Many claims have limitation periods. A limitation period is a set time frame within which an aggrieved person must commence proceedings in a Court. These limitation periods generally commence from the date of the injury and/or incident. Some claims however, such as childhood sexual assault claims, do not have limitation periods. This extends to children who have suffered severe physical assault.
The four main reasons for the institution of limitation periods are: ‘relevant evidence is likely to be lost with the passage of time; it is oppressive to a defendant to allow an action not be brought long after the circumstances which give rise to it have passed; defendants, including public institutions, should be able to utilise their resources on the basis that claims can no longer be made against them; and, there is a public interest in disputes being settled as quickly as possible’ (Brisbane South Regional Health Authority v Taylor HCA 25).
Generally speaking, personal injury claims have a limitation period of 3 years. That is, the injured person has three years from the date of injury to file a Statement of Claim with a Court for common law damages.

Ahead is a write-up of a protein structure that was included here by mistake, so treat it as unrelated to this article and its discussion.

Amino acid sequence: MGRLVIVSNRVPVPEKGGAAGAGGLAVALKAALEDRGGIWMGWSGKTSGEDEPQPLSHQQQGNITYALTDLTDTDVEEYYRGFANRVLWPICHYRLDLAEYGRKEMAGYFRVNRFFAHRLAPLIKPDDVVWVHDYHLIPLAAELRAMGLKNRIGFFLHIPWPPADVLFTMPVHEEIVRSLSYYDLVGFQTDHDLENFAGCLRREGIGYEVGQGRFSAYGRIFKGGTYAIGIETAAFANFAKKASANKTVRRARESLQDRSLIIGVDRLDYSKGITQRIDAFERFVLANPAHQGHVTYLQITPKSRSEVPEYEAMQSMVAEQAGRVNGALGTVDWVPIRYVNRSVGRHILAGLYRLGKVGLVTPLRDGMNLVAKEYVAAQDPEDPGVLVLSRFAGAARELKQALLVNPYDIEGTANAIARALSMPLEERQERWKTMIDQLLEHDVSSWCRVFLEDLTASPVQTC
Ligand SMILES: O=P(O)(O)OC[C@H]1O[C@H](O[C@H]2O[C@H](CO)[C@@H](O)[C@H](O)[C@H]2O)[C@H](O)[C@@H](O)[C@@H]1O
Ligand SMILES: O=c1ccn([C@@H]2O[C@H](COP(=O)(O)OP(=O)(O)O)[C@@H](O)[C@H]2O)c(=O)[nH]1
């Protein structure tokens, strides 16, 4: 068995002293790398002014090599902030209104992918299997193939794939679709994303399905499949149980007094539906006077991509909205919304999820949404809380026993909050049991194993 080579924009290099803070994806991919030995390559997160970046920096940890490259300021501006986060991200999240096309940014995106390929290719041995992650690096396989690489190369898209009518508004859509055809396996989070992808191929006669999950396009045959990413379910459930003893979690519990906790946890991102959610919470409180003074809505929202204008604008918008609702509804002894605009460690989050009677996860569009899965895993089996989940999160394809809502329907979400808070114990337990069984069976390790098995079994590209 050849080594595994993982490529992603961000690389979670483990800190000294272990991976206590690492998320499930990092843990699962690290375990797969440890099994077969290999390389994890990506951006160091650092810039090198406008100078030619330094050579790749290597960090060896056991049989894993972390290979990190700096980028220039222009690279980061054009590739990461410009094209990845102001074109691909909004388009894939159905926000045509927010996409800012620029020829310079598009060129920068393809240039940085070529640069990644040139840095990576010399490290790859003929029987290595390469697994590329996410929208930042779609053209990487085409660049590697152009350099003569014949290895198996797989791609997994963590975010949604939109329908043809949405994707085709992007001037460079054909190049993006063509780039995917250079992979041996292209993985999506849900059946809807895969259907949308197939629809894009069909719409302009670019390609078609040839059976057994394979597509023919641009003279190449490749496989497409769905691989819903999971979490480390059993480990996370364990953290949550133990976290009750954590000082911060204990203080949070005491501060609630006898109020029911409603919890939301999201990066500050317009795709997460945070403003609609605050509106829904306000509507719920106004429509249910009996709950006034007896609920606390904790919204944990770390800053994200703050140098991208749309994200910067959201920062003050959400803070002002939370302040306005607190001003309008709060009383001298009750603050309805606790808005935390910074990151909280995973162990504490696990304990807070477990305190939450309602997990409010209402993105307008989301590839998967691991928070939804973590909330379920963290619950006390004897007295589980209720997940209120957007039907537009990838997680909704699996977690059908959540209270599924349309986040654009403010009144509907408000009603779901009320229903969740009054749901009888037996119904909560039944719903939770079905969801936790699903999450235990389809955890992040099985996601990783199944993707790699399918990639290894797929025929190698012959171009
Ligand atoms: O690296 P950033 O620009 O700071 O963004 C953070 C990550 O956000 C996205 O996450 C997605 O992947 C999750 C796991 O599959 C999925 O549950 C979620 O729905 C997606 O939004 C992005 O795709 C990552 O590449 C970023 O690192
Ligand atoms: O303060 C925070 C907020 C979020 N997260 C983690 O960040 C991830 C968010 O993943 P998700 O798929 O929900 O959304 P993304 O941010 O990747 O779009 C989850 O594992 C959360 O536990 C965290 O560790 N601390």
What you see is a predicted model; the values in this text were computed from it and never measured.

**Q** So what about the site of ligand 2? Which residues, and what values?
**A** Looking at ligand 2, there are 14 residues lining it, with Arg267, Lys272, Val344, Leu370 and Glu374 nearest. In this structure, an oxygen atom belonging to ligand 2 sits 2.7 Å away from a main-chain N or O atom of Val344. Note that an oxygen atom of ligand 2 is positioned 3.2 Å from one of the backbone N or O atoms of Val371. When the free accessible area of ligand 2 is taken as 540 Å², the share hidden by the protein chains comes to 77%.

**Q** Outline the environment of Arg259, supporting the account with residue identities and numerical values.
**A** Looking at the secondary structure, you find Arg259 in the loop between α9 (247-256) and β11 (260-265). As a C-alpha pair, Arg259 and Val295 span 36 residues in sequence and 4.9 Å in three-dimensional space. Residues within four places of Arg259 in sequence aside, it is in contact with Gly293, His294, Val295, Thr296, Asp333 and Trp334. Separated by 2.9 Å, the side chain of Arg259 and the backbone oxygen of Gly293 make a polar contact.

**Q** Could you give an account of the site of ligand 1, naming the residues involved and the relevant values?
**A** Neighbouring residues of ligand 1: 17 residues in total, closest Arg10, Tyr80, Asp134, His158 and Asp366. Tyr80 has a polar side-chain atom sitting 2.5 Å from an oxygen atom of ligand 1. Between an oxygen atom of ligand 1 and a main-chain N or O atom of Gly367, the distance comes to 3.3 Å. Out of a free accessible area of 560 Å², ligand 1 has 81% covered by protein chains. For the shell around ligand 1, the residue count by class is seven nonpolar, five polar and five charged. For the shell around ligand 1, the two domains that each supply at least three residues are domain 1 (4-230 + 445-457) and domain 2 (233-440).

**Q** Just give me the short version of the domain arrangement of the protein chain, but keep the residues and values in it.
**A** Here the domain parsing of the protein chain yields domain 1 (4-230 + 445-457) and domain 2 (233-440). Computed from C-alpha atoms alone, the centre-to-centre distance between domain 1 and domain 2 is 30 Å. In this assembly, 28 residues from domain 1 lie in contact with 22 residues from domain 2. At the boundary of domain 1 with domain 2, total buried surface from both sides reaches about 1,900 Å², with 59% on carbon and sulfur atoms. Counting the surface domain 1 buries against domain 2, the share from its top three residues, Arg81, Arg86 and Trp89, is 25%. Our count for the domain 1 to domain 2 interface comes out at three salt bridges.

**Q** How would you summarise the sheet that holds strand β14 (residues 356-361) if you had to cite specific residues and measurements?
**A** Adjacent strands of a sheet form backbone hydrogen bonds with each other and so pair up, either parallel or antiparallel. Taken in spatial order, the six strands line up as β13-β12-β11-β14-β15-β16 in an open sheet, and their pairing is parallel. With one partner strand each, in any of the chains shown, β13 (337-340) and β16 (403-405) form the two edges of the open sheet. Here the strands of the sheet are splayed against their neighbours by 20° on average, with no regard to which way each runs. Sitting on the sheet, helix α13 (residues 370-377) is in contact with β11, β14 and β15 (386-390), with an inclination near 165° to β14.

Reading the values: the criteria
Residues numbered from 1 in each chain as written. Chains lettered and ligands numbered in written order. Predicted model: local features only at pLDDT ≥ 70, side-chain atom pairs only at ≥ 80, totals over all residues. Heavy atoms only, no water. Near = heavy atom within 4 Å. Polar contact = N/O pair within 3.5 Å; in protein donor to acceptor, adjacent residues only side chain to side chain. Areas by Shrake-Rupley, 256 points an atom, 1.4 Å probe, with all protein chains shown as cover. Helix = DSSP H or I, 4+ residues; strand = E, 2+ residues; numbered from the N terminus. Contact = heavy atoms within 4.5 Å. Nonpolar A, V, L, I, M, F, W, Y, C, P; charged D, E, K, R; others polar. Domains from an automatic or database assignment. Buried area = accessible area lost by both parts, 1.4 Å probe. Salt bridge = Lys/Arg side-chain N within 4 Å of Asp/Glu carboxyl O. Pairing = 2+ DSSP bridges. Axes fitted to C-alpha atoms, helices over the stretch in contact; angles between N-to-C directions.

If you have suffered an injury however and the limitation period has passed, you may still be able to proceed with your claim by seeking an order pursuant to the Limitation Act 1969 to extend the time within which to commence proceedings. You, as the applicant, bear the onus of satisfying the Court that it is just and reasonable to grant an extension.
The Court may consider whether such an extension would cause the defendant actual and significant prejudice, that is, when a defendant may be unable to fairly defend themselves. If the Court finds this, it will not grant an extension of time, however it is good to note that fair is not defined as ‘perfect or ideal’ (Commonwealth v Smith NSWCA 168).
The recent case of Winston v Commonwealth of Australia NSWSC 62 is a good example of this. Mr Winston was asleep on the HMAS Melbourne when it collided with another ship on 3 June 1969. Many of its crew were either killed or injured as a result. On 29 October 2019, Mr Winston filed a Statement of Claim (commenced proceedings) against the Commonwealth in relation to significant injuries resulting from the collision. Such injuries included PTSD, major depression and alcohol abuse. Clearly, the three-year limitation period had been exhausted and the Commonwealth sought that Mr Winston’s claim be barred pursuant to s14(1)(b) of the Limitation Act 1969.
The Court held however that it was both just and reasonable to order that the limitation period be extended up to and including the date upon which the Mr Winston filed the Statement of Claim.
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